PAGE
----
Completing the second phase of the 1000 Genomes Project, a multinational team of scientists reports that they have sampled a total of 1092 individuals from 14 different populations and sequenced their full genomes. The researchers described the feat as a collegial effort to equip biologists and physicians with information that can be used to understand the normal range of human genetic variants so that a patient's disease genome can be interpreted in a broader context.
A report on the research, published online in Nature on Nov. 1 represents the culmination of five years of work, says Aravinda Chakravarti, Ph.D., professor of medicine and pediatrics and a member of the Institute of Genetic Medicine at the Johns Hopkins School of Medicine. Chakravarti helped to design the population genetics sampling plan.
"The DNA donors in the study were not known to have any diseases, so the study gives us the genomic background we need for understanding which genetic variations are 'within the normal range,'" Chakravarti says. "With this tool, scientists now have a standard with which they can compare the genome of someone with diabetes, for example." That in turn, Chakravarti says, will increase opportunities for understanding the disease and creating targeted, individualized treatment.
The selection of the 14 populations sampled was based on their ancient migratory history and their genetic relationship to the other populations studied. Within each population, healthy, unrelated donors were randomly chosen for blood draws. The blood samples were first transformed into cell lines that can be stored and grown indefinitely so that they will always be available for future studies. After cell lines were grown, the DNA was sequenced and added to a public database.
The first human genome to be sequenced, published in 2003, made clear that as much as 98.5 percent of human genetic material does not encode proteins, as had been thought. Scientists now know the role of some of the non-protein-coding regions and, although much of the genome remains a mystery, there is reason to suspect that at least some of it plays a part in the variability seen in disease susceptibility and prevalence.
"The 1000 Genomes Project started at the beginning, with the whole genome and with no bias in the search for disease-related variants toward protein-coding genes," Chakravarti explains. "Regulatory sequences and sequences we still don't understand were also catalogued, so this information widens the areas of the genome we can search when looking for disease-causing variants." Most of the genetics research done to date has begun with a disease or a protein that is known to be malfunctioning, followed by a hunt for the responsible genetic variants.
The genetic variations found in the populations analyzed were categorized by how frequently they appeared in the individuals tested. Variants seen in more than five percent of the samples were classified as common variants, while low-frequency variants appeared in 0.5 to five percent of individuals and rare variants in less than 0.5 percent of the samples.
The 14 populations sampled were divided into four ancestry groups: European, African, East Asian and American. As expected, most of the common variants had already been identified in previous studies, and their frequencies varied little between ancestry groups.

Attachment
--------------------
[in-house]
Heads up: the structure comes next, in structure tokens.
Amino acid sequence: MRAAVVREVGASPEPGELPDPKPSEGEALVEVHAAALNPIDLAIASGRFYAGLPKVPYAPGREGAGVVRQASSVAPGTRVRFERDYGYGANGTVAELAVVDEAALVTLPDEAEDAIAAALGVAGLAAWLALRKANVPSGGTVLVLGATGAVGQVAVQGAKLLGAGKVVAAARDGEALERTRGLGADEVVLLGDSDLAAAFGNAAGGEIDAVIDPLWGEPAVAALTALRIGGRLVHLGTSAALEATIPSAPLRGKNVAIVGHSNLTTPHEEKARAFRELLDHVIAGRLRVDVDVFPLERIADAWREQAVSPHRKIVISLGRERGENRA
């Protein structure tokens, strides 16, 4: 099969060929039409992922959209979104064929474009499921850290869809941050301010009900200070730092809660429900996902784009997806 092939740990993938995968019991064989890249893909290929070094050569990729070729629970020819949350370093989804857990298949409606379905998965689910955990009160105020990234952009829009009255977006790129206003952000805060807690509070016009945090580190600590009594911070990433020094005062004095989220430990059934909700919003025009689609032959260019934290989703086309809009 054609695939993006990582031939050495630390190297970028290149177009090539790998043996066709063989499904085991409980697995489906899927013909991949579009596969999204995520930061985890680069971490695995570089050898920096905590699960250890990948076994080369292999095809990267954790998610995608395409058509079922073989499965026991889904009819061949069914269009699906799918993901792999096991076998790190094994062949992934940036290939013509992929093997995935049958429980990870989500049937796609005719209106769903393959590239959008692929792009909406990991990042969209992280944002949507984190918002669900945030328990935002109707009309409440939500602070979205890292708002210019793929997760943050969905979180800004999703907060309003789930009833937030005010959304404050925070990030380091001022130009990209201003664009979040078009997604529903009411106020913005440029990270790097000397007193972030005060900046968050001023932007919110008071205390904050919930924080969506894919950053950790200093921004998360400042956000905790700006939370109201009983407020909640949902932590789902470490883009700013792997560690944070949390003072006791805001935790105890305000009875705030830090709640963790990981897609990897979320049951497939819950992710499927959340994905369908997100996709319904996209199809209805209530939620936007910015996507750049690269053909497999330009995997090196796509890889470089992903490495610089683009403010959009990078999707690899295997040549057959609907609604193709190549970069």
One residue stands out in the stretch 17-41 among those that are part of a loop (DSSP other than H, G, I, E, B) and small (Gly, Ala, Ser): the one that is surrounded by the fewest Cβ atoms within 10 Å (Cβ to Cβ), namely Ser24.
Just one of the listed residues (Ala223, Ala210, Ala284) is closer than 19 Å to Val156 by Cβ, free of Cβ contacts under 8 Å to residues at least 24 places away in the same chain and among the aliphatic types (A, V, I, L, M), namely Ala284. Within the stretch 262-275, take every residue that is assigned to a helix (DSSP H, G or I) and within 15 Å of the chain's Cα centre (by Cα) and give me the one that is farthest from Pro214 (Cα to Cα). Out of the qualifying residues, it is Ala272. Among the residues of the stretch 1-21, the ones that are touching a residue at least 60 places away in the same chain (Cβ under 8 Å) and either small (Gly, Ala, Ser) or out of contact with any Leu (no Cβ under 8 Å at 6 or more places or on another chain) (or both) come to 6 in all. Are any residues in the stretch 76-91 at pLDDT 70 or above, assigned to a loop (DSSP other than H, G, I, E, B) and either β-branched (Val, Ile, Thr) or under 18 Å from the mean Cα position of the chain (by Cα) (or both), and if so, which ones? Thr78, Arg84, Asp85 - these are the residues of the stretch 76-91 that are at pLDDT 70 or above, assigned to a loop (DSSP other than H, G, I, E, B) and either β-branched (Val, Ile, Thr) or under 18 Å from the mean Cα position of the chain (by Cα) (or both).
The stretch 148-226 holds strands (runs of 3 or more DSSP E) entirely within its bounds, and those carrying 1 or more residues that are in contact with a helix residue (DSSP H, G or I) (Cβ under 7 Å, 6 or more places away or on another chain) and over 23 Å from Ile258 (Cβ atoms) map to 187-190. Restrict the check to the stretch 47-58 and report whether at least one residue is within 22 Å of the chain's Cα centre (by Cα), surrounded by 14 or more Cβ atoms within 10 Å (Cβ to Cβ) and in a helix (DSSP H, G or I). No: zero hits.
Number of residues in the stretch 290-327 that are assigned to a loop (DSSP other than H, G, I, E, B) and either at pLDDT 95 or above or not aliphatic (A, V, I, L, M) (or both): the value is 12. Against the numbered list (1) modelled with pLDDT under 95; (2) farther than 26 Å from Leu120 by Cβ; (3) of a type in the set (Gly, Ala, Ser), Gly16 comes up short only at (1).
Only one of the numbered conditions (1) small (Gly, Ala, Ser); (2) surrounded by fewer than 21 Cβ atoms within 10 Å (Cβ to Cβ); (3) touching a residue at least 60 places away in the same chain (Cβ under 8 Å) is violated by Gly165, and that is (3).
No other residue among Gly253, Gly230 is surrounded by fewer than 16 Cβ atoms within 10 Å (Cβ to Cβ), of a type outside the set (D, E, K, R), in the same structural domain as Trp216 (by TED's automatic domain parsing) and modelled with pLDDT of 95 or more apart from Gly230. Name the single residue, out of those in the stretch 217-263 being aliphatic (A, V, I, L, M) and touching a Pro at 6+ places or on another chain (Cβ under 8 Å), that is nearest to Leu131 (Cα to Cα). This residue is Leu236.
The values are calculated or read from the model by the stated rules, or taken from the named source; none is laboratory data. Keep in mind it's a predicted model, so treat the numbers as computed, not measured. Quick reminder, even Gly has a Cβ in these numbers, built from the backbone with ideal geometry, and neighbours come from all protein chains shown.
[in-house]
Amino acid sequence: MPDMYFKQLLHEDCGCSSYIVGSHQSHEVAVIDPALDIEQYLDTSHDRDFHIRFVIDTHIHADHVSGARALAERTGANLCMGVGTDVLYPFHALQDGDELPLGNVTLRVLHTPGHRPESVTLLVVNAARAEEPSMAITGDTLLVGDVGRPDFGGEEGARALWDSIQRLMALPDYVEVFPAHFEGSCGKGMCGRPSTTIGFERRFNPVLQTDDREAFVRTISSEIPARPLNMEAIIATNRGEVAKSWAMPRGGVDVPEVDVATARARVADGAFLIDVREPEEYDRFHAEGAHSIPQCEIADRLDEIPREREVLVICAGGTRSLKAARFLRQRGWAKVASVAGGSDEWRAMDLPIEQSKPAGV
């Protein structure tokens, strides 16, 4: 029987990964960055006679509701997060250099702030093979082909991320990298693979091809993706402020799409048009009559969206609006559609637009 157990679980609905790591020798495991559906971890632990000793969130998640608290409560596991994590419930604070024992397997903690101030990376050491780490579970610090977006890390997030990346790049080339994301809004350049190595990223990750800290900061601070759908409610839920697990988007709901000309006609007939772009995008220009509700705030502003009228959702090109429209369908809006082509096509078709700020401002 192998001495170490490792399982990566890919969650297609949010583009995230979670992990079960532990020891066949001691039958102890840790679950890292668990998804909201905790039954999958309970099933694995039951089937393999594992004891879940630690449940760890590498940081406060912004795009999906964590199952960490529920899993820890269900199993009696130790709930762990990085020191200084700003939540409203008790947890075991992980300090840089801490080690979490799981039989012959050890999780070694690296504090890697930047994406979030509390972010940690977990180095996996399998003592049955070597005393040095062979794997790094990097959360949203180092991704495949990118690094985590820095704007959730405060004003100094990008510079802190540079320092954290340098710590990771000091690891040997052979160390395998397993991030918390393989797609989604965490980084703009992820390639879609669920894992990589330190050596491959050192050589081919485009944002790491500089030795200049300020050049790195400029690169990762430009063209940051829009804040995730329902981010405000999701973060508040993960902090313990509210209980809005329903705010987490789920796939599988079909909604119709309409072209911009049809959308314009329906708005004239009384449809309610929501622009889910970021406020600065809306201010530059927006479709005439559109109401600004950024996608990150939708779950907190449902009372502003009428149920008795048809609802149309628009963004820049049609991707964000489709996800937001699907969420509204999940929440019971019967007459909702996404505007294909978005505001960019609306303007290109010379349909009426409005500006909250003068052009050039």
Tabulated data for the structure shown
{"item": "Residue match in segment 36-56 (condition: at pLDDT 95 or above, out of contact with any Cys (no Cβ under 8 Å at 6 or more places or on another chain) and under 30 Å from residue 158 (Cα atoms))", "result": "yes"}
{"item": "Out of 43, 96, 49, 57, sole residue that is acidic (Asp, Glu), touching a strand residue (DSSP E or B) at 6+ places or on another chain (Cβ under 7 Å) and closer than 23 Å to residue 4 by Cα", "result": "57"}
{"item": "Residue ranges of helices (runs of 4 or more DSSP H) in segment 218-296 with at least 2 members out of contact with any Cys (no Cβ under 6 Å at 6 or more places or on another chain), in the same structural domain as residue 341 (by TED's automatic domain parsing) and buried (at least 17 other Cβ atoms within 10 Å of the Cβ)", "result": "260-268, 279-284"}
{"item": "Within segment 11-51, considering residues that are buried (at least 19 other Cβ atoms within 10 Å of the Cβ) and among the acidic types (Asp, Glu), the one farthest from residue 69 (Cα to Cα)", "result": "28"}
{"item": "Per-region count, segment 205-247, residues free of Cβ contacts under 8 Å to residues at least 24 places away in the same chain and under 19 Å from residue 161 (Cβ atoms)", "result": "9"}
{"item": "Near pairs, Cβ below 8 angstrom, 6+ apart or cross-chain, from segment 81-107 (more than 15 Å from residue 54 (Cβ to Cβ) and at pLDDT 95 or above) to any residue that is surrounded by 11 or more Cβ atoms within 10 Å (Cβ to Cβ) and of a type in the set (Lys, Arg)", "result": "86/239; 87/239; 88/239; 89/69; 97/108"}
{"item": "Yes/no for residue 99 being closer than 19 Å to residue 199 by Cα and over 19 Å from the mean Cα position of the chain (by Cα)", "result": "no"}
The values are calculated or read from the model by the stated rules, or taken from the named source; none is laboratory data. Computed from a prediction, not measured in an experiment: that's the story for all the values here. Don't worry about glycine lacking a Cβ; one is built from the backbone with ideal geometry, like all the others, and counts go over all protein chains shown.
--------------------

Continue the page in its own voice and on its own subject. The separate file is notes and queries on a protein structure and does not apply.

By contrast, 58 percent of the low-frequency variants and 87 percent of the rare variants were described for the first time in this study. Rare variants were sometimes twice as likely to be found within a particular population as in that population's broader ancestry group. Different populations also showed different numbers of rare variants, with the Spanish, Finnish and African-American populations carrying the greatest number of them.
Amazingly, Chakravarti says, the researchers found that among rare variants, the healthy people in their study possessed as many as 130 to 400 protein-altering variants; 10 to 20 variants that destroy the function of the proteins they encode; two to five variants that damage protein function; and one or two variants associated with cancer. The implication is that all healthy people everywhere carry similar numbers of rare, deleterious variants.
Several factors allow people to survive with so many errors in our genome, Chakravarti explains. One factor is that genes occur in pairs, yet our bodies often only require one normal copy to work. Another is that a "redundant" gene elsewhere in the genome can sometimes compensate for a specific deficiency. In addition, some deleterious genes are only turned on in response to certain environmental cues that a particular individual may never encounter.
The first phase of the 1000 Genomes Project, led by Chakravarti, Peter Donnelly at Oxford and David Altshuler at the Broad Institute of MIT and Harvard, was completed in 2008. It was a preliminary probe into the genomes of a subset of the individuals sequenced for this second phase and proved to be illuminating in searching for genetic markers of disease. The final phase of the project will involve sequencing the genomes of 1500 more individuals from 11 more populations.
More than 100 authors from 111 institutions worldwide contributed to this study. This work was supported by grants from the National Institutes of Health and many other international funding agencies.
The following communities generously donated samples: Yoruba in Ibadan, Nigeria; Han Chinese in Beijing, China; Japanese, in Tokyo, Japan; a Mormon community in Utah, United States; Luhya, in Webuye, Kenya; people with African ancestry in the Southwestern United States; Tuscany in Italy; people with Mexican ancestry in Los Angeles, Ca., United States; Southern Han Chinese in China; British in England and Scotland; Finnish in Finland; Iberian populations in Spain; Colombians in Medellin, Colombia; and Puerto Ricans in Puerto Rico.
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